Inzaman lucky to escape ban, says Ponting

Published: Thursday, February 3, 2005, 23:53 [IST]
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Melbourne:Australian captain Ricky Ponting said his Pakistani counterpart was fortunate to be playing in the tri-series cricket finals after escaping a ban for slow over-rates.

Speaking ahead of the best-of-three limited-overs final series starting here Friday, Ponting said Inzamam-ul-Haq was "pretty lucky" to be taking the field after being sanctioned for the second time in 12 months.

"I know I'm constantly asking the guys to get through the overs quicker and bowl their overs quicker if they can," said Ponting, who has previously used spinners to speed up his side's overs.

"One-day cricket can be decided by a run or a couple of runs here and there and if I can't bowl the bowlers that I want to, when I want to, that makes it harder."

Inzamam was fined his match fee for a slow over-rate against the West Indies on Tuesday by match referee Chris Broad.

The International Cricket Council (ICC) said in a statement issued in London that because it was his second offence in a year, the charge should have been upgraded to a Level 3 breach, which carries an automatic ban of between two and four Test matches or four and eight one-day internationals.

Match referee Broad later admitted he had failed to look at Inzamam's record.

"In applying the provisions of the ICC code I neglected to consult Inzamam's past record," Broad said.

"It was an honest mistake and the matter has been dealt with."

The ICC confirmed Inzamam would not be banned retrospectively, meaning the skipper is poised to continue his good form with the bat, having struck four half-centuries in the six pool matches this series.

Pakistan come into the match after two successive morale-boosting wins following the 30-run victory on Tuesday and a three-wicket defeat of Australia on Sunday.

But for the Australians, there is a great deal of speculation about who will fill the opening batting position with Adam Gilchrist following Matthew Hayden's recent poor form.

Ponting was adamant Hayden should be maintained ahead of the rising star Michael Clark, who has stood in with enormous success, but said it would be up to selectors to decide.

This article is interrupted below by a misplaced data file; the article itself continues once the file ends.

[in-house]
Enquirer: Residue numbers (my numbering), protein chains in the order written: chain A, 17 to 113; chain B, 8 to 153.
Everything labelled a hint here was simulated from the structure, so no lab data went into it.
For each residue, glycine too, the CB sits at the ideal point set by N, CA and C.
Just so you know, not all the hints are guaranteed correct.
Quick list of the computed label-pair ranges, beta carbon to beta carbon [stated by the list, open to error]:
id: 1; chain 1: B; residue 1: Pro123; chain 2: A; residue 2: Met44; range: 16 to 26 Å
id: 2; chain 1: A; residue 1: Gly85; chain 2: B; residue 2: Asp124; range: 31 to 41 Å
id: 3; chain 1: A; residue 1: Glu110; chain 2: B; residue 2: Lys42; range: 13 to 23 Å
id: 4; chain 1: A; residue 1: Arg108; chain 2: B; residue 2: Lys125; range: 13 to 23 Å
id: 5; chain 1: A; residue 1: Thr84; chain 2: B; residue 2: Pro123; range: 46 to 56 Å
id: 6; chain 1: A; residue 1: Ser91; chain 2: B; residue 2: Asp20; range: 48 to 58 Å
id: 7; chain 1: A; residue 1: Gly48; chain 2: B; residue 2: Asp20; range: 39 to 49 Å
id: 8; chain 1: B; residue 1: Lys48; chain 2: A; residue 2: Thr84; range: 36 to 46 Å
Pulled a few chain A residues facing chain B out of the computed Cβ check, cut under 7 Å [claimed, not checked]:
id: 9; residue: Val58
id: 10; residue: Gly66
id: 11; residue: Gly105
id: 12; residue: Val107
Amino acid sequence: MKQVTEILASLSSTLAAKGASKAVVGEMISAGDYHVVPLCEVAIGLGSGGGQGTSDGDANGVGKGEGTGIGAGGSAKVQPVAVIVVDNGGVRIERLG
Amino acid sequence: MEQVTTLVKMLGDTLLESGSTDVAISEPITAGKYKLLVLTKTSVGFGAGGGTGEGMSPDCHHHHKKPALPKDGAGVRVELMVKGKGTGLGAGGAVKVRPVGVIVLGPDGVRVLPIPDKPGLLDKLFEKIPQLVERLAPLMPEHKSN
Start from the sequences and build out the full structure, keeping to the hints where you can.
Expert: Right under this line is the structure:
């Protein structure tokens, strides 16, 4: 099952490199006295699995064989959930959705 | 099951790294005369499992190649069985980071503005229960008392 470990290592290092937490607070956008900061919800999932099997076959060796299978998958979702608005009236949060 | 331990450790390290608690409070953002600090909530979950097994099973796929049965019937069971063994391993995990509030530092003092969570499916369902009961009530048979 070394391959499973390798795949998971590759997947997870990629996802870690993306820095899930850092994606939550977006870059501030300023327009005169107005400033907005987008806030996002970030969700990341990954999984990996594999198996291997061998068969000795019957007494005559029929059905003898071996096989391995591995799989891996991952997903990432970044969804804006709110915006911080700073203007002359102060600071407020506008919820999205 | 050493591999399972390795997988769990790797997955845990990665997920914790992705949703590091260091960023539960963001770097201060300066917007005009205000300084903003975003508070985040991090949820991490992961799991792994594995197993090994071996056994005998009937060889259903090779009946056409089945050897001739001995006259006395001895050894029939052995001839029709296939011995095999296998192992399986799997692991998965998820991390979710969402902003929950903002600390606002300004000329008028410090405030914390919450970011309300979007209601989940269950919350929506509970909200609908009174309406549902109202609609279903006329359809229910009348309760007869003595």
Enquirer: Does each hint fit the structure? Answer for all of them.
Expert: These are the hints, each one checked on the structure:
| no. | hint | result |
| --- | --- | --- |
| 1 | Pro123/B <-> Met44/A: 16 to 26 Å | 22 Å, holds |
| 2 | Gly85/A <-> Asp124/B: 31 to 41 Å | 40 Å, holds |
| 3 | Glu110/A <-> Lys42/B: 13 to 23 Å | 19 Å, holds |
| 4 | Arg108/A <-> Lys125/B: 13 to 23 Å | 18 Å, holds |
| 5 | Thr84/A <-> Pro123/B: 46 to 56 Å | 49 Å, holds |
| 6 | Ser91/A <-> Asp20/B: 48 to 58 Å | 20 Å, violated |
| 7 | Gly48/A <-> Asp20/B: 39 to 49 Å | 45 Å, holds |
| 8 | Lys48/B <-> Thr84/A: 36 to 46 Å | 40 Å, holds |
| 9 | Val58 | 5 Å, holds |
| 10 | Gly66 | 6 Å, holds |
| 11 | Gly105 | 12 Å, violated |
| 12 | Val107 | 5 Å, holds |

"It's going to be a tough selection and as far as I'm concerned, Matthew is our best opener when he's at his best," Ponting said.

"Quite often the really tough selections around this team, I think it's only fair that selectors make those calls. I'll get my point across to the team that I want to have, but if there's something that the other four selectors see differently, then they'll make that call."

There was a further selection issue for the Australians with three bowlers competing for two spots. Pacemen Michael Kasprowicz and Brett Lee are both vying for a start, as is left-arm wrist spinner Brad Hogg.

Although he took 5-32 in his last one-day match at the MCG, forecast thunder storms could count against Hogg.

"If it's going to be a rain-affected game, then it's generally pretty hard for leg-spinners to hold the ball or spinners of any sort to grip the ball," Ponting said.

Rain prevented either side from getting a net session at the Melbourne Cricket Ground, but despite 120mm of rain falling at the ground on Wednesday night, the ground's new drainage system -- installed late last year -- meant the wicket and outfield are in good condition.

"Even if we get another 20, or 30 or 40mm on the outfield, it will drain straight through and as soon rain stops tomorrow we can uncover and be ready to play," curator Tony Ware said Thursday.

Both teams will be named on Friday.

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